Mr. Costas Menegakis (Parliamentary Secretary to the Minister of Citizenship and Immigration, CPC):
Mr. Speaker, I am delighted to stand in the House today to highlight some of the many positive measures contained in economic action plan 2014.
Before I begin my remarks, I would like to take this opportunity to thank the great people of Richmond Hill for giving me the privilege of representing them in the House and for their trust and confidence.
Canada's economic action plan is working. Over one million net new jobs, the vast majority being in the private sector and high-wage occupations, have been created since the trough of the recession. These include 15,000 jobs in Richmond Hill and 86,000 jobs in the York region in the manufacturing, construction, wholesale trade, professional and business service sectors, and more. It is because of the focus of our government on what matters most to my constituents in Richmond Hill and to all Canadians, that being jobs and economic growth, that Canada boasts the strongest job creation record of all the G7 countries, and importantly, Canada's total government net debt burden remains the lowest by far of any G7 country and among the lowest of the advanced G20 countries.
That is why I am thrilled that economic action plan 2014 maintains its focus on strengthening our economy while keeping taxes low and returning to a balanced budget by 2015.
Balancing the books is essential to our long-term prosperity. Our long-standing belief that a sound fiscal position is essential for Canada's long-term economic growth is the driving force behind economic action plan 2014.
The actions in economic action plan 2014 will not only return us to budgetary balance by 2015 but will produce savings totalling $9.1 billion over the next six years. These savings are in addition to our previous actions taken since budget 2010. These actions over the last four years, including 160 different tax reductions and lowering federal tax to levels not seen in 50 years, benefit Canadians every single day.
At the same time, we are supporting the sustainability of the services and programs Canadians rely on and inspiring investor confidence. We are making record transfer payments to the provinces and territories. For example, transfers in Ontario are currently $19.2 billion per year from the federal government. This is an increase of 76% from what they were under the old Liberal government.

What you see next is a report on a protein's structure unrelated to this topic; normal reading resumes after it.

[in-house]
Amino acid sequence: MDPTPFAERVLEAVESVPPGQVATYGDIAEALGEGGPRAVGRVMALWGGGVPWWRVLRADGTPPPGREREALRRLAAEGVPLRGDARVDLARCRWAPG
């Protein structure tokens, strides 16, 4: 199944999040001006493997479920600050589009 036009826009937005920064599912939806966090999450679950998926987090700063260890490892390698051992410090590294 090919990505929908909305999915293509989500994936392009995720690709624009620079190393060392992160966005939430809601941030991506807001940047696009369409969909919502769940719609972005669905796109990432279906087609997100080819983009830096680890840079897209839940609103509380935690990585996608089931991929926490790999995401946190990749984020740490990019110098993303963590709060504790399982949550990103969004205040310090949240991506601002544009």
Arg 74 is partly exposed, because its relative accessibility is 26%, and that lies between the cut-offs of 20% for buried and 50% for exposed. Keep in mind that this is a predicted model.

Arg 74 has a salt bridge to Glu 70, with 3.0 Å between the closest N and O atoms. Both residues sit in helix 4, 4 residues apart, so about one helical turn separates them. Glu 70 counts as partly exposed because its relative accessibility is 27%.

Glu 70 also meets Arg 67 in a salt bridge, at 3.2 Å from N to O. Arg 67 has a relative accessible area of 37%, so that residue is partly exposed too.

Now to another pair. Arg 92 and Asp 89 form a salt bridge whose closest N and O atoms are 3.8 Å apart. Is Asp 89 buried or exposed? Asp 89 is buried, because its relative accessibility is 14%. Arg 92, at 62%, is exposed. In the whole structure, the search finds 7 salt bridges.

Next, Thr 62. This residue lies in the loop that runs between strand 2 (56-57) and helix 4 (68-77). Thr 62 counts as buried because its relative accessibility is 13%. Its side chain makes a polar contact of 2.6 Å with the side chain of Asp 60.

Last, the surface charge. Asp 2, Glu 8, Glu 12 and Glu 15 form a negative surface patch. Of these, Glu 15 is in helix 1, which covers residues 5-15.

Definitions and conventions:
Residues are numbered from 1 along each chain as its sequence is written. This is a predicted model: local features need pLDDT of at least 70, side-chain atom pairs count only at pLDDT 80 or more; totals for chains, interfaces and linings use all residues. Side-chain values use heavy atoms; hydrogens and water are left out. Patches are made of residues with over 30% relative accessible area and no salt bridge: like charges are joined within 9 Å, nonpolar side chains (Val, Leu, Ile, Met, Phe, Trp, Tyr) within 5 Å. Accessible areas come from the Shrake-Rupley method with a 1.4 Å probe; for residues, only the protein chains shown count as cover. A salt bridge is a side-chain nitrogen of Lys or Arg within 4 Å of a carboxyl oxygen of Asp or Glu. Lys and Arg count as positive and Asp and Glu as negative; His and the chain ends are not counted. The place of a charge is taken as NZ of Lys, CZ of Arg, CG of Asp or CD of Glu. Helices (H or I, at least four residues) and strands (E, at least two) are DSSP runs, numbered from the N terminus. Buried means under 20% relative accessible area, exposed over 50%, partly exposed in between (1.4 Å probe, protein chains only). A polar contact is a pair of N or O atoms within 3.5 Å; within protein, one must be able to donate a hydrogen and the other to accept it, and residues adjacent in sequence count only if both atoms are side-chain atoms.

These actions have all contributed to making Canada a recognized leader on the world economic stage for prudent fiscal management. Canada has recently leapt from sixth to second in Bloomberg's list of the best places in the world to do business. This is an incredible accomplishment.
The height of the global economic crisis in fiscal year 2009-10 was not that long ago. That same year, at the urging of and with the support of the New Democratic Party and the Liberal Party, our government took a deficit of $55 billion. That spending was necessary to pull Canada out of the depths of the deep and sudden recession, and it worked. Owing to the prudent actions of our government prior to that global economic collapse, when we paid down $37 billion worth of debt that we had inherited from the Liberal government, we had the room to react quickly when it was required to do so.
The complete elimination of a $55 billion deficit in just five years is nothing short of amazing, and I thank the world's greatest Minister of Finance for that historic accomplishment. Balancing the budget and reducing debt will allow tax dollars to be spent on more important programs instead of interest costs. It will strengthen our ability to respond to longer-term challenges, such as an unexpected global economic shock or an aging population.
Indeed, economic action plan 2014 steps up to the plate in response to the reality of a looming older demographic. For example, $5 million has been allocated annually to the new horizons for seniors program. This is in addition to the current allocation. The new horizons program has been incredibly successful in Richmond Hill. It has provided funding for community-based projects that encourage seniors to share their skills and experience with others and it allows them to benefit from and contribute to the quality of life in the community.
By providing a way for seniors to mentor others, volunteer, and enjoy and benefit from social and educational opportunities, new horizons for seniors is improving the quality of life of our seniors in Canada from coast to coast to coast.
Our Conservative government recognizes the challenges many working Canadians face in balancing their work obligations with caring for an infirm or older adult at home. In response, we would launch a Canadian employers for caregivers plan that would identify promising workplace practices that support caregivers.
We also know that small businesses are crucial to Richmond Hill's economy, to Canadian communities across the country, and to Canada's long-term prosperity. We are firmly committed to delivering both lower taxes and less red tape.